The role of Pseudomonas aeruginosa accessory genes tfpY and tfpZ in bacteriophage defenses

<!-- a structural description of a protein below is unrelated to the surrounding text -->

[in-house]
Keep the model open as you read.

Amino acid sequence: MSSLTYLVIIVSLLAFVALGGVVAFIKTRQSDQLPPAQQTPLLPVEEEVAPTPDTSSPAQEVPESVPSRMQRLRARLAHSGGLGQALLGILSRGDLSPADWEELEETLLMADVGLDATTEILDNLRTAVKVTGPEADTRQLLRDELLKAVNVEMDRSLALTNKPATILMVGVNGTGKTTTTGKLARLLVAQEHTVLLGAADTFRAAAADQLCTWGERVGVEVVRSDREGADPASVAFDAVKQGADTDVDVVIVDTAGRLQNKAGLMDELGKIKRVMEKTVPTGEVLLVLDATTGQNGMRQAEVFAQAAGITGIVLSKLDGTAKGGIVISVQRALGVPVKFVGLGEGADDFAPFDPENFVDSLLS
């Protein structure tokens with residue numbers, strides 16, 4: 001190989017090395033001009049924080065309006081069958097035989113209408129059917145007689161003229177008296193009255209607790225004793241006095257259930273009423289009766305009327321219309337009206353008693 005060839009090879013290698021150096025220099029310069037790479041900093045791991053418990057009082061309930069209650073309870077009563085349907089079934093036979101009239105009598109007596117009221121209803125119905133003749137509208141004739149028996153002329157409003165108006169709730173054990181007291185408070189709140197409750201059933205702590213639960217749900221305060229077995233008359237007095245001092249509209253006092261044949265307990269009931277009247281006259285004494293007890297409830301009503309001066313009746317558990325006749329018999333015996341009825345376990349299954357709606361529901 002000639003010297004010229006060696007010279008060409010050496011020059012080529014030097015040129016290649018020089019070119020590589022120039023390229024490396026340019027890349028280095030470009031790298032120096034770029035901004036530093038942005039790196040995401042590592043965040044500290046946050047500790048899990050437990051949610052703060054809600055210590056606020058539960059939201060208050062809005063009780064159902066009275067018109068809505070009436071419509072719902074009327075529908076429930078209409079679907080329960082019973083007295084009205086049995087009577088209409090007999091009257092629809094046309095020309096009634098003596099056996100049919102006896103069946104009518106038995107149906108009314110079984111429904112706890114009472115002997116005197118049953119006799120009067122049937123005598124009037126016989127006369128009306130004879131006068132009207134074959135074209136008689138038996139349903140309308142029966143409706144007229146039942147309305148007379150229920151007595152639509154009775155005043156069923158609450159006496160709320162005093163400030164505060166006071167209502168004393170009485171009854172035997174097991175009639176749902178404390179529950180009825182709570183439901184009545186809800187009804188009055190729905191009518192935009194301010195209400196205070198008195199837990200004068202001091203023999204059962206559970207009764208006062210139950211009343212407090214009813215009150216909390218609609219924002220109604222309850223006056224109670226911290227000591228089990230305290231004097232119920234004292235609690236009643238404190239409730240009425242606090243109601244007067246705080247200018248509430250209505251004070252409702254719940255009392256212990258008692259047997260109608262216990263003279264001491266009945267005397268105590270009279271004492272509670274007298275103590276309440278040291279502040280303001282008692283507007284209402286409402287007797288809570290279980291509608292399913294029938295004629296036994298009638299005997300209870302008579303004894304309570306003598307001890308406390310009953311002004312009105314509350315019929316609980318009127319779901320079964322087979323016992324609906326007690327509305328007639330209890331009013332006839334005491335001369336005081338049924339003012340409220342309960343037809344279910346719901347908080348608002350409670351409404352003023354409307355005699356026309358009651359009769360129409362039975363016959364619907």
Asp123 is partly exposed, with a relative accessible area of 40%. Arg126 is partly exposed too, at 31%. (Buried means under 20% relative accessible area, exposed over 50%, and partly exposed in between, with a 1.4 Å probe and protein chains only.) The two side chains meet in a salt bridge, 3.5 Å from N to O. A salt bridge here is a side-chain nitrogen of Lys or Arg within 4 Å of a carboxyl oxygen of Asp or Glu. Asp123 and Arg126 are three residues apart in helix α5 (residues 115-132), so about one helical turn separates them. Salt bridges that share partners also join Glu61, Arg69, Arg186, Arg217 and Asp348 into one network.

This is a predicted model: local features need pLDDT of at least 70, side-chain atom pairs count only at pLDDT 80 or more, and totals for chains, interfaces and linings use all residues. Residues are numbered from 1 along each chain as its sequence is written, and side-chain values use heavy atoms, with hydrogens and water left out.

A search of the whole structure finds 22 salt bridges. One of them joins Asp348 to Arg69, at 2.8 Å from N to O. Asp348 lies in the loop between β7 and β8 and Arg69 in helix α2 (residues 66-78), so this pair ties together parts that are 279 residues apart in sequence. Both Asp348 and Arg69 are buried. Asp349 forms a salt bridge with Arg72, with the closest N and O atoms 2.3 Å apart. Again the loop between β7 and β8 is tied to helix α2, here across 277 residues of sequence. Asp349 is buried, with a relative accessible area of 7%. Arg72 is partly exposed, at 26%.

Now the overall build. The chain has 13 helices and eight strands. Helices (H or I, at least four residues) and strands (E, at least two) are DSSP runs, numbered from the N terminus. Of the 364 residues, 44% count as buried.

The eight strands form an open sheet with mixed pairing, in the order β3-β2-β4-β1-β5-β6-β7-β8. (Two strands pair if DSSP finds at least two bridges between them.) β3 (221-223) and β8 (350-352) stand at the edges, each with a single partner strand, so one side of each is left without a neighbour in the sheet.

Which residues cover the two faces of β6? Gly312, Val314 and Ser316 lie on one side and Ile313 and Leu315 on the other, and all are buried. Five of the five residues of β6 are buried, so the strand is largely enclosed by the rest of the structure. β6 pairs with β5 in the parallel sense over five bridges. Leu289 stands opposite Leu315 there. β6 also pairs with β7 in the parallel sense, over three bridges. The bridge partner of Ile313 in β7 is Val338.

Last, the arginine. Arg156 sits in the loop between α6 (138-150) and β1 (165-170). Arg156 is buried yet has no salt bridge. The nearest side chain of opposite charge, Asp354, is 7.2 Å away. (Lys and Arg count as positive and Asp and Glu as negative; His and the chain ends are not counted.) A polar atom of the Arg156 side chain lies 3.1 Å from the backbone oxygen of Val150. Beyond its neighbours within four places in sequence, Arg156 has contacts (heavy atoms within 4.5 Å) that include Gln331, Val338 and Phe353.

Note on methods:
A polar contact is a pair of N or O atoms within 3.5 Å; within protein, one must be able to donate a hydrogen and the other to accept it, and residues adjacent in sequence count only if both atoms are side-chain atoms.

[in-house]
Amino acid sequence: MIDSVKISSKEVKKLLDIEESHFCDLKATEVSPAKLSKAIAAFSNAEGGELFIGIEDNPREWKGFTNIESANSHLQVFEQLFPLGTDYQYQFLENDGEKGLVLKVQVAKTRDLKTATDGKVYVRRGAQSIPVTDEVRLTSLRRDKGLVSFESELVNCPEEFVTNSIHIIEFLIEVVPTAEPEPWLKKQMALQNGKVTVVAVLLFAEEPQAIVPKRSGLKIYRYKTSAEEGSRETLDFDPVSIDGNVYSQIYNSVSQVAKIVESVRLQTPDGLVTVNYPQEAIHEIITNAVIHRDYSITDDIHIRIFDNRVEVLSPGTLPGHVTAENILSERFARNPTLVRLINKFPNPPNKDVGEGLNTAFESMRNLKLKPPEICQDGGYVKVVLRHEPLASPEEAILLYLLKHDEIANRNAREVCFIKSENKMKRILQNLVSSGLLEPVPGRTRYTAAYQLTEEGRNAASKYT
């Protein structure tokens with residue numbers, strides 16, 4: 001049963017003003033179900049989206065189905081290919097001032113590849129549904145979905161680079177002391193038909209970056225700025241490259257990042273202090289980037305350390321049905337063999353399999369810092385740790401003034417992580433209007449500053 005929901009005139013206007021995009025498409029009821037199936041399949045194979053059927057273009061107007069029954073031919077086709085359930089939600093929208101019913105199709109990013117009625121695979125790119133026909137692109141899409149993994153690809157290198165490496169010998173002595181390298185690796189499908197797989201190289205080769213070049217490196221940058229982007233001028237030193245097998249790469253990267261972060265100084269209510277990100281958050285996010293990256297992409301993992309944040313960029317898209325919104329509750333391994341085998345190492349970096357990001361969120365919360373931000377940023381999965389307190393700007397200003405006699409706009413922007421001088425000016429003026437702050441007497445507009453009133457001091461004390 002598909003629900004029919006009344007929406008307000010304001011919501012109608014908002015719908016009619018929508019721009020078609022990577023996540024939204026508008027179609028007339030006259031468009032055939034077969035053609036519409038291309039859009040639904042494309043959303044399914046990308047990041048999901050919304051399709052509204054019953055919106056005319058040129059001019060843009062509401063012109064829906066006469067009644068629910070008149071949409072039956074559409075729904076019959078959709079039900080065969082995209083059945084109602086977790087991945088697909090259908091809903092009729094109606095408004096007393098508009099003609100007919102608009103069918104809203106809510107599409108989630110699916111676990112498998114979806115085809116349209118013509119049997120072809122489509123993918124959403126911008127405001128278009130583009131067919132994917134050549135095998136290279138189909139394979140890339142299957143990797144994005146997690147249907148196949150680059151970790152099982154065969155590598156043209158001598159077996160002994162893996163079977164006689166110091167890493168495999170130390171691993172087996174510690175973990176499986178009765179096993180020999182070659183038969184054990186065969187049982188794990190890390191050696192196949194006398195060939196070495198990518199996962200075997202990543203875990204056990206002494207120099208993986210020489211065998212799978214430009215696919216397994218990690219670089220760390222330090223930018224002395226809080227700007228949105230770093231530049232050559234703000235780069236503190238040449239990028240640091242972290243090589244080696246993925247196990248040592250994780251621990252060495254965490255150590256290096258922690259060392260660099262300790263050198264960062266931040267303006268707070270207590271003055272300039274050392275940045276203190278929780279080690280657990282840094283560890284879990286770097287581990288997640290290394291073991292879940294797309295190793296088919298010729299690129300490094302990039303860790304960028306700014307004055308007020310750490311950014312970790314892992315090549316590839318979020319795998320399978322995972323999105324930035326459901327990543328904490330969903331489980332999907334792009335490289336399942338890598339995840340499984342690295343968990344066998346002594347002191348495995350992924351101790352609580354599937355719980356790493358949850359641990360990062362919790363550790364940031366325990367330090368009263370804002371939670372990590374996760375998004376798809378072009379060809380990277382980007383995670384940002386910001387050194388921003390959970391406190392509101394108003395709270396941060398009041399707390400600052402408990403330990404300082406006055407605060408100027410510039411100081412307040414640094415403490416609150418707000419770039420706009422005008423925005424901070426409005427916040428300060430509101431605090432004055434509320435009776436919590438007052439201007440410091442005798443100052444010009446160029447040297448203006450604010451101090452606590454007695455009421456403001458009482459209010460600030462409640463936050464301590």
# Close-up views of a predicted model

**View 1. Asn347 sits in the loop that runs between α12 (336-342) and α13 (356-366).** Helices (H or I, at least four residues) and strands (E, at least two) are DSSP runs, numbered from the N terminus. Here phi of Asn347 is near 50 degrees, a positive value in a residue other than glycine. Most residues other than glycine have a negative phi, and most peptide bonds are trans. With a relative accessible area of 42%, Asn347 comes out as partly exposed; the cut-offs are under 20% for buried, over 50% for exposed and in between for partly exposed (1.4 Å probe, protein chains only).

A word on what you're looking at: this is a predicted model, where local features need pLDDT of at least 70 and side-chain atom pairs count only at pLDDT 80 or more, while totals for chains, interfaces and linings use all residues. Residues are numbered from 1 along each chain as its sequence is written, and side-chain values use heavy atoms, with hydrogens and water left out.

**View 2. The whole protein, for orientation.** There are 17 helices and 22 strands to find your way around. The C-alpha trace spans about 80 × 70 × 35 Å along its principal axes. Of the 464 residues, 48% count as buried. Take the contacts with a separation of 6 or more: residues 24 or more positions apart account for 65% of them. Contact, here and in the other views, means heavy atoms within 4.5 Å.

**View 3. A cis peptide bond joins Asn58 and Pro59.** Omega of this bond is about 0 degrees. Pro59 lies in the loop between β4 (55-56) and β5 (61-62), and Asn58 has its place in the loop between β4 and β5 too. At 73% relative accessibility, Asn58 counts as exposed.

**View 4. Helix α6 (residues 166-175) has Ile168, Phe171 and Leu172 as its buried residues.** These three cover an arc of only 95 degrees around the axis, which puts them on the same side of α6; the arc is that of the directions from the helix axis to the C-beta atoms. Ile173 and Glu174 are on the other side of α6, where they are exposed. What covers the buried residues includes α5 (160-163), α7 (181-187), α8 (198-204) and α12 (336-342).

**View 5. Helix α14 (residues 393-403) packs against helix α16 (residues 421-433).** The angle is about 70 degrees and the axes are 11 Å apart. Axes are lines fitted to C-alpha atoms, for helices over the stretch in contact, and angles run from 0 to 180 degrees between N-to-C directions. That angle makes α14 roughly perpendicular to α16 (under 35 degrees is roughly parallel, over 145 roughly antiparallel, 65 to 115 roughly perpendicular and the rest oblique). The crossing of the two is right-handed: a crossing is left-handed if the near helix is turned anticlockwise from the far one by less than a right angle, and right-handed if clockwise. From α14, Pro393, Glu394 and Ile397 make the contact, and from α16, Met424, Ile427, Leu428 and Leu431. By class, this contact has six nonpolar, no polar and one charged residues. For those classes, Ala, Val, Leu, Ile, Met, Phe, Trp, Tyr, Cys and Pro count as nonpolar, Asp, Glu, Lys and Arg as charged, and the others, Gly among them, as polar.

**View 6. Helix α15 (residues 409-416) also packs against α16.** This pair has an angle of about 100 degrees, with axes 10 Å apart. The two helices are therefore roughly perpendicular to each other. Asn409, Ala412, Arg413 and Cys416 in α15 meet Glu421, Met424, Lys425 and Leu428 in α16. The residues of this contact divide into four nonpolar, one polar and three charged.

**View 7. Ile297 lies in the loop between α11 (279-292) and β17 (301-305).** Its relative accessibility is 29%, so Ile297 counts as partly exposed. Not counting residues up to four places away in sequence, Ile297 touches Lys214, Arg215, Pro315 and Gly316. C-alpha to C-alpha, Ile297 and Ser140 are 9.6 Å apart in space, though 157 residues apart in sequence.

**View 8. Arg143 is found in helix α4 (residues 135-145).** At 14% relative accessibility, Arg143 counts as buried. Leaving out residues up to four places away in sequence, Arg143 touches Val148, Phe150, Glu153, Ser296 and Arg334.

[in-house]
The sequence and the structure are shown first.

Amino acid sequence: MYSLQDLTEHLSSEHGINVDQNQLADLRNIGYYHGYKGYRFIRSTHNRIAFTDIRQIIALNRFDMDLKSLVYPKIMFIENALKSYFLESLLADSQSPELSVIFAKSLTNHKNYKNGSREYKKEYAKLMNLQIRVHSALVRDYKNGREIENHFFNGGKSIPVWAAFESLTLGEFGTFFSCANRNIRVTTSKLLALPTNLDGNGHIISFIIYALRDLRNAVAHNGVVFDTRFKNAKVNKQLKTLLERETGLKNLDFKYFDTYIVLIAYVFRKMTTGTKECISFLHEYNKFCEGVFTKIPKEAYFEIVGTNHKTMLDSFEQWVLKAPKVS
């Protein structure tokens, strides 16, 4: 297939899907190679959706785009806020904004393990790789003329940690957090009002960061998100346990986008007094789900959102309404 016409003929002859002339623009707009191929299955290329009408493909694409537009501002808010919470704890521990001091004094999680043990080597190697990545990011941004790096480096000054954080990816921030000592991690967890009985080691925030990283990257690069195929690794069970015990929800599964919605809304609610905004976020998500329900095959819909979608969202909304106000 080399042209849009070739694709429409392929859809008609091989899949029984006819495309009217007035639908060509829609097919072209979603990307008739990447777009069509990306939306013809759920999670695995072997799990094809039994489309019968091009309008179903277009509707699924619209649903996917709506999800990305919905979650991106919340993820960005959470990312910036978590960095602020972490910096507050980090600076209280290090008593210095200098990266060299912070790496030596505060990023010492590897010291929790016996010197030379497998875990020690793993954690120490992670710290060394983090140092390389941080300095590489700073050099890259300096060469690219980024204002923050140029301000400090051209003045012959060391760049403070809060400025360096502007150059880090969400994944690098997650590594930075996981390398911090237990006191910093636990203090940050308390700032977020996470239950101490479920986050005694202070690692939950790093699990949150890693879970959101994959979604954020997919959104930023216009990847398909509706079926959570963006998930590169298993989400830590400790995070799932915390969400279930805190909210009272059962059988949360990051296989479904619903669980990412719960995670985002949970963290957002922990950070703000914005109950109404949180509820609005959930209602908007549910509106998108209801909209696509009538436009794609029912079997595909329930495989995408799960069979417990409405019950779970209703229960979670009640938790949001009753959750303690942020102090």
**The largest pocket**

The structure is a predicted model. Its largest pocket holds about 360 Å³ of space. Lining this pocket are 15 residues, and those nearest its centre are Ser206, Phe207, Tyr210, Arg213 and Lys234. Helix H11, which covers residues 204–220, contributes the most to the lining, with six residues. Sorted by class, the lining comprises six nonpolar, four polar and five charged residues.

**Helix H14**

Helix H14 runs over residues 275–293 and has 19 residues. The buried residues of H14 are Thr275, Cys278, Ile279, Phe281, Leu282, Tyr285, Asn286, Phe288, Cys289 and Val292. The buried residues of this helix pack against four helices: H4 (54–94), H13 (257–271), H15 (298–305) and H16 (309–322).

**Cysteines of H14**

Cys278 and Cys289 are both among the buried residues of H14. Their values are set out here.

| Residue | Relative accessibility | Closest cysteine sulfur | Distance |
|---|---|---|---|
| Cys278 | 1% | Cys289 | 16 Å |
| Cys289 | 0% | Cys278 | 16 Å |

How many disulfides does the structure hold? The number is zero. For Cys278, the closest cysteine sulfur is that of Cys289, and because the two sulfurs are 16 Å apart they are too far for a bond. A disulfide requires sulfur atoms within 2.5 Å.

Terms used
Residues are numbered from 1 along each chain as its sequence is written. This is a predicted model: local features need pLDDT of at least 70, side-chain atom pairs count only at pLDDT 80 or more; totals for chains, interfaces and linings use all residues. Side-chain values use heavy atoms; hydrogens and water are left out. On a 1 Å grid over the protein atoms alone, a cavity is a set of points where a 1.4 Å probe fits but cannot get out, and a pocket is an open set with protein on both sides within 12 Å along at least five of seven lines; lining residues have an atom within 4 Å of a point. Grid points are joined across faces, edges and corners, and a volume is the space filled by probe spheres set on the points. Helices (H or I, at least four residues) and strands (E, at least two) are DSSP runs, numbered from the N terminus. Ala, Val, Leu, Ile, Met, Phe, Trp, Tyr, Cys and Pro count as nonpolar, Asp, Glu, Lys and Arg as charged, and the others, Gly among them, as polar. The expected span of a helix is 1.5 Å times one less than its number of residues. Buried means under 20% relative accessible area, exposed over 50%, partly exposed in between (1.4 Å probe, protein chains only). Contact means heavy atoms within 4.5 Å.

Pseudomonas aeruginosa (Pa) is an opportunistic pathogen that is a major causative agent of hospital-acquired infections. Pa have long filaments on the cell surface known as type IV pili (T4P), which are virulence factors. Tail proteins on bacteriophages have evolved to recognize T4P as receptors, therefore, taking advantage of T4P as a phage receptor could be used as a therapeutic against antibiotic resistant strains of Pa. Bacteria have also evolved a number of phage defense mechanisms which can make Pa resistant to phage therapy. We analyzed a library of pilus-specific phages to characterize a novel phage defense system in Group III and Group V Pa pilins to determine if accessory genes tfpX and tfpY are involved in anti-phage defenses. We identified six phages that showed a decrease in bacterial cell death when TfpY and TfpZ were present compared to when the proteins were absent. Pa subcultures with and without tfpX and tfpY were challenged with our phages and optical density (OD) tests revealed that bacterial growth was higher in strains with the accessory genes compared to when the genes were absent. Twitching assays revealed that the number of surface pili decreased when the accessory genes were removed, suggesting TfpY and TfpZ may be involved in changing the structure of the pili to prevent phage adsorption. Our tests reveal that accessory genes tfpX and tfpY play a role in evading phage infection, which should be considered when making or adjuvants against multi-drug resistant Pa.